Woody Crumbo: Pan-Indian Powwow
In this exhibition, eleven different varieties of Indigenous American dance are showcased. Woody Crumbo’s vibrant screen prints bring these dances, each with its own unique history and tribal tradition, to life.
Please explore the media below to see some of the dances and hear the music featured in this exhibition. Click the "Play" triangle on the videos to enjoy along with the artwork.
Originating with the Taos Pueblo tribe of New Mexico, the biannual Eagle Dance is one of prayer. Its dancers seek to bridge the gap between the terrestrial and celestial worlds by channeling the spirit of the eagle and giving flight to their prayers on hopeful wings.
The Buffalo Dance was an important ritual to several Plains Indian tribes. As the bison were central to their way of life, providing sustenance, shelter, and clothing, this dance was performed to celebrate the return of the herds and the assurance of the health and vitality of the tribe.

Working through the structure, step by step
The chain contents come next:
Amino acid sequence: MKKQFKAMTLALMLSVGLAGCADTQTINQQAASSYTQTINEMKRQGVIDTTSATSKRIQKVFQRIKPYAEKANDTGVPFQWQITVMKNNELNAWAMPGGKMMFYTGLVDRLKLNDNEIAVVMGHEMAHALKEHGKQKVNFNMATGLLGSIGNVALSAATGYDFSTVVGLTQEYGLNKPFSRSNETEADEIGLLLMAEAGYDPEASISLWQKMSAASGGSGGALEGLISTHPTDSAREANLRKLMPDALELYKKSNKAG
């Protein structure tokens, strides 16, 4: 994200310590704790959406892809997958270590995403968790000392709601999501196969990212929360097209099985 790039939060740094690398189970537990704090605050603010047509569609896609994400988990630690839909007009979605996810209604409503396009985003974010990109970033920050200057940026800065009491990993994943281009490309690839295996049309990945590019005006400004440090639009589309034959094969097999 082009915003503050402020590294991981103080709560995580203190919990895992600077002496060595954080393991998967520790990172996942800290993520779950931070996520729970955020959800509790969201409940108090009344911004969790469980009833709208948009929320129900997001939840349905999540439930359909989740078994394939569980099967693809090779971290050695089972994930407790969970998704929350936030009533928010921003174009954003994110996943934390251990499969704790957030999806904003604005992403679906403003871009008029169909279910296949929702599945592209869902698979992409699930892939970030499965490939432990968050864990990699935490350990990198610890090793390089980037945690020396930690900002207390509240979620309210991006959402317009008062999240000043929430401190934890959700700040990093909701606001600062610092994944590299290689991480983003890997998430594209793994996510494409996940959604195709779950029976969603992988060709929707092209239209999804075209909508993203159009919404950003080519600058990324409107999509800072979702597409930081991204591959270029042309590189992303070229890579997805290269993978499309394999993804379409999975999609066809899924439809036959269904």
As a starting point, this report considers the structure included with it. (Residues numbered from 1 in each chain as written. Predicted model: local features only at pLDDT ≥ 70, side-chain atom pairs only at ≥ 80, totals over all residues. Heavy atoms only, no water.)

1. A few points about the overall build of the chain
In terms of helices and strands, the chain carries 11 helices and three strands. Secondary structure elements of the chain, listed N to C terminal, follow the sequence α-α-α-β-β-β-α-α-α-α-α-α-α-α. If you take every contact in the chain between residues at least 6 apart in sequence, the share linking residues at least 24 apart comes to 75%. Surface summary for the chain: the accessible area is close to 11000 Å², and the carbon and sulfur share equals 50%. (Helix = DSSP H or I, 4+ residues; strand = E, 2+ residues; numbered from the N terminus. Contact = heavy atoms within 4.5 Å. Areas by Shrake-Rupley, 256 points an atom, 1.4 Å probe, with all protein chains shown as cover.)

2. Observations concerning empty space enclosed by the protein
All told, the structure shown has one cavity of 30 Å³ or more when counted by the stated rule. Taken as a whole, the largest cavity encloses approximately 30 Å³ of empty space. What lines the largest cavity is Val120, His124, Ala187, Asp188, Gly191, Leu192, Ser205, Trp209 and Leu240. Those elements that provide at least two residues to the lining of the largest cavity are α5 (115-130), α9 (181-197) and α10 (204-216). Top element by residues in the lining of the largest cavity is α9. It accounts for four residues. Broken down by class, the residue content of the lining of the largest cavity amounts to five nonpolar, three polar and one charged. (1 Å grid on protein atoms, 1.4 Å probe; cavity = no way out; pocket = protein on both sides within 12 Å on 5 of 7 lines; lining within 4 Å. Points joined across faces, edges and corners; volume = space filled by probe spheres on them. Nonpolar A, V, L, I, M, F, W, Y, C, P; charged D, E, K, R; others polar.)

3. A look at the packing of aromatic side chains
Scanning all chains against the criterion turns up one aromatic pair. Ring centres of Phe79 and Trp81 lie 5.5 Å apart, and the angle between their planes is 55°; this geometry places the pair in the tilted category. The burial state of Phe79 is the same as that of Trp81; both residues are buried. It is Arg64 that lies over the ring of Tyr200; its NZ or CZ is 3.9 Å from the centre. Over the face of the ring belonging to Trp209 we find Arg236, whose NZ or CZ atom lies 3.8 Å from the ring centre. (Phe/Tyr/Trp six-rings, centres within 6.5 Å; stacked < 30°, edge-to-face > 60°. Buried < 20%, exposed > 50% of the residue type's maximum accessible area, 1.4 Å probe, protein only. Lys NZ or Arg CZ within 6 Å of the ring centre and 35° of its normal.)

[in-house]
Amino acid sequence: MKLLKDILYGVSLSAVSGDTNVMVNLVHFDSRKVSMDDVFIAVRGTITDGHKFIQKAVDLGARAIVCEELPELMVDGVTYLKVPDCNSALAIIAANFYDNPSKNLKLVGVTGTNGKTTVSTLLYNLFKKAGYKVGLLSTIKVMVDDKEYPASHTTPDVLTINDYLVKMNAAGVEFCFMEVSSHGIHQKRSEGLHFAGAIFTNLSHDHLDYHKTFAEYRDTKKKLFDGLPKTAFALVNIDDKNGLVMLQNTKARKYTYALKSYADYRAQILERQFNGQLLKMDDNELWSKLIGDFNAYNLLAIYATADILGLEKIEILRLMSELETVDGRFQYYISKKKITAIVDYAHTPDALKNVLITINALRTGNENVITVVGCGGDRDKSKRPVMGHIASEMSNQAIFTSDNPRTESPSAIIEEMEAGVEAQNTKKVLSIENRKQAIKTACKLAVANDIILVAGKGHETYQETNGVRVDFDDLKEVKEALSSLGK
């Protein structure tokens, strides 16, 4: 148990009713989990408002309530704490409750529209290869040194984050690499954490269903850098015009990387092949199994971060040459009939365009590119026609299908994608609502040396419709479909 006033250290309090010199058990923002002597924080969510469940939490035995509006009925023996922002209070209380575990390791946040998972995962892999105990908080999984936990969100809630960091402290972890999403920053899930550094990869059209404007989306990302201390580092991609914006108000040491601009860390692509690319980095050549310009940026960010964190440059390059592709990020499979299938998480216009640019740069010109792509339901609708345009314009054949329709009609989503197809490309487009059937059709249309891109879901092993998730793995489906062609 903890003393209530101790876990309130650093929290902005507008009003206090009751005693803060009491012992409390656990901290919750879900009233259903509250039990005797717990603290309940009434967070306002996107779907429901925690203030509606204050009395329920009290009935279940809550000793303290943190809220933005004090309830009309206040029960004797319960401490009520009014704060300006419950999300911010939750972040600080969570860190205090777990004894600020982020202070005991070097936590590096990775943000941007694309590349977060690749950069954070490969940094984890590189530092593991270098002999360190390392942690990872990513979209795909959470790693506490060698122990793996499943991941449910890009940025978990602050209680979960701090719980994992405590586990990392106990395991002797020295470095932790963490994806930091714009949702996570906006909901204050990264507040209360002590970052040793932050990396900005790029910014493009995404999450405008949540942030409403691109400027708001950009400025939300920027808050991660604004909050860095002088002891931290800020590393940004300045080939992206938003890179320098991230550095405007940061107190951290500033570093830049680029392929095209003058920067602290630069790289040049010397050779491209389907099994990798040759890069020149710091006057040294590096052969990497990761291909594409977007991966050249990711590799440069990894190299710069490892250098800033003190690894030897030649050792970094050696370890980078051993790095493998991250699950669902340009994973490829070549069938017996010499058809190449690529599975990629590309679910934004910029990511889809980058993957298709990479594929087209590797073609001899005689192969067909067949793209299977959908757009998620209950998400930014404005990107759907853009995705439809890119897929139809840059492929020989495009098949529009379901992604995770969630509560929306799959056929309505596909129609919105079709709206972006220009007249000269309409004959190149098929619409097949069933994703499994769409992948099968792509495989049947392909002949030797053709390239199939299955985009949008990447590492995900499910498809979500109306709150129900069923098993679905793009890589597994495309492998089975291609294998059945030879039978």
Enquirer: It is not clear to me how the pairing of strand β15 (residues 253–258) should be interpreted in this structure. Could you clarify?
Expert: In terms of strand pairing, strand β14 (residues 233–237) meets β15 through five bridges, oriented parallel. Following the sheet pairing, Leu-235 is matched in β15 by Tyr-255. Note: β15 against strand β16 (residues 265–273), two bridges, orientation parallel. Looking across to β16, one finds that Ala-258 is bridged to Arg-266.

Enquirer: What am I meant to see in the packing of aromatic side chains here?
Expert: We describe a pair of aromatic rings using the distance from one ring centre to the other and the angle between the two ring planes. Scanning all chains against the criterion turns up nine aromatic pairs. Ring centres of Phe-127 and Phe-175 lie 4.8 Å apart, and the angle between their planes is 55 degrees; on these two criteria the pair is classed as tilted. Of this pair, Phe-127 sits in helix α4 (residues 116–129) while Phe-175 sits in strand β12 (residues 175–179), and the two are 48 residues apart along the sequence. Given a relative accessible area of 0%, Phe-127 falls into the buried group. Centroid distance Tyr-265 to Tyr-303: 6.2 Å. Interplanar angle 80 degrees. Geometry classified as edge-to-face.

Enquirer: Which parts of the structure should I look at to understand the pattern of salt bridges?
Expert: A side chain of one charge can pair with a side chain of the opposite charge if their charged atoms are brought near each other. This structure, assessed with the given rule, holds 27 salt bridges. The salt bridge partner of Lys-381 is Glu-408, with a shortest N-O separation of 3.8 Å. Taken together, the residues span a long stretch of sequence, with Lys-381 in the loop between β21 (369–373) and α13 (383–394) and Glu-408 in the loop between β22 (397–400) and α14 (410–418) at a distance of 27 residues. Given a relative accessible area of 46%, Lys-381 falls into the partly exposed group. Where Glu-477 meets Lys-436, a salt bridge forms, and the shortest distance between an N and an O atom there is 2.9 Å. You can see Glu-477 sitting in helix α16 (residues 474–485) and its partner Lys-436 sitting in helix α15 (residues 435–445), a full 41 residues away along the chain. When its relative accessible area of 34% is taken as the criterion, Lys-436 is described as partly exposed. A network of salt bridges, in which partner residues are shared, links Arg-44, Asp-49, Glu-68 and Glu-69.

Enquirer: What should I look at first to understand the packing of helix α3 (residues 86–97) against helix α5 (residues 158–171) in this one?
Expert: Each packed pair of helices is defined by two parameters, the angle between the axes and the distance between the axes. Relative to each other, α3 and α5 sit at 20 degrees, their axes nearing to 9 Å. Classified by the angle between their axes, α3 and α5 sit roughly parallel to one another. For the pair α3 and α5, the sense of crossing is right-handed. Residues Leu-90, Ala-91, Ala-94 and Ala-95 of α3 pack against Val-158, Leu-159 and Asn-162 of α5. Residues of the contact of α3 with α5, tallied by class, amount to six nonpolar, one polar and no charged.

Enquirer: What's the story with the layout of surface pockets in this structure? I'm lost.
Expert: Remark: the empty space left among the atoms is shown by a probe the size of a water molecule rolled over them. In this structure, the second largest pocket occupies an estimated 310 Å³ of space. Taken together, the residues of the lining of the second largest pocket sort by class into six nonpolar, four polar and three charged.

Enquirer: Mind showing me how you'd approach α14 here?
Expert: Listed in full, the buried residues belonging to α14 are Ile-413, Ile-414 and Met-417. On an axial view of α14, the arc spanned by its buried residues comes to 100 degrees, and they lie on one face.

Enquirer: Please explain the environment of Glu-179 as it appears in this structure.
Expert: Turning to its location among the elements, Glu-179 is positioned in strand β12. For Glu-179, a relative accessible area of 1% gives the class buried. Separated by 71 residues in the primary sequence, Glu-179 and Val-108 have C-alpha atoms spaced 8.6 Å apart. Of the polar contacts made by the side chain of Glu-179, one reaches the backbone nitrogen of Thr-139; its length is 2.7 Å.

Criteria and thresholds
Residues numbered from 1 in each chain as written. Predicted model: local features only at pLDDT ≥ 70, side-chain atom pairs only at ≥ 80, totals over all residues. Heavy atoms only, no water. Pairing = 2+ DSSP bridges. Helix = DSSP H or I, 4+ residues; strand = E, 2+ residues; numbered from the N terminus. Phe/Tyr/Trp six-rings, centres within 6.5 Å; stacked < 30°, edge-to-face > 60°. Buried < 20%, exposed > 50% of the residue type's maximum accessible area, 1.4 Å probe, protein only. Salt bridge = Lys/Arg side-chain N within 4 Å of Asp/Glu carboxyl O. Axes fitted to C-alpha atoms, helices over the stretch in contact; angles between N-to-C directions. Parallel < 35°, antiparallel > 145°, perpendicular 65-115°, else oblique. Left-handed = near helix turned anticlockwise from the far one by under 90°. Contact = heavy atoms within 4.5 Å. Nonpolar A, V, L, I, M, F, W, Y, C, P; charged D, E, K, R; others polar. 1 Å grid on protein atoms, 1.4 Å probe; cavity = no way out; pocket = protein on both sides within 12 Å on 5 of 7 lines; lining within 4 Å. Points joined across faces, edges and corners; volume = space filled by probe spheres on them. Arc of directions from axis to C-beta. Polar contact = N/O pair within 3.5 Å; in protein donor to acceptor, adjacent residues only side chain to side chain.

The Deer Dance is traditionally practiced by Yaqui and Pueblo tribes. A mimetic dance in which the performer embodies the subject, the Deer Dance gives thanks to the animal for its sacrifice while seeking to encourage balance in the natural world.
The Feather Dance, or Fancy Dance, is a Pan-Indian style of dance developed in the Oklahoma reservations. After many spiritually significant dances were outlawed in the late 19th century, such as the Sun Dance, Indigenous Americans developed new forms of dance that would be deemed “appropriate” to perform. Derived from ancestral War Dances, the Feather Dance was one such innovation. Professional Fancy Dancers, like Woody Crumbo, would perform at powwows and “Wild West” shows for fellow Indigenous people and white visitors alike.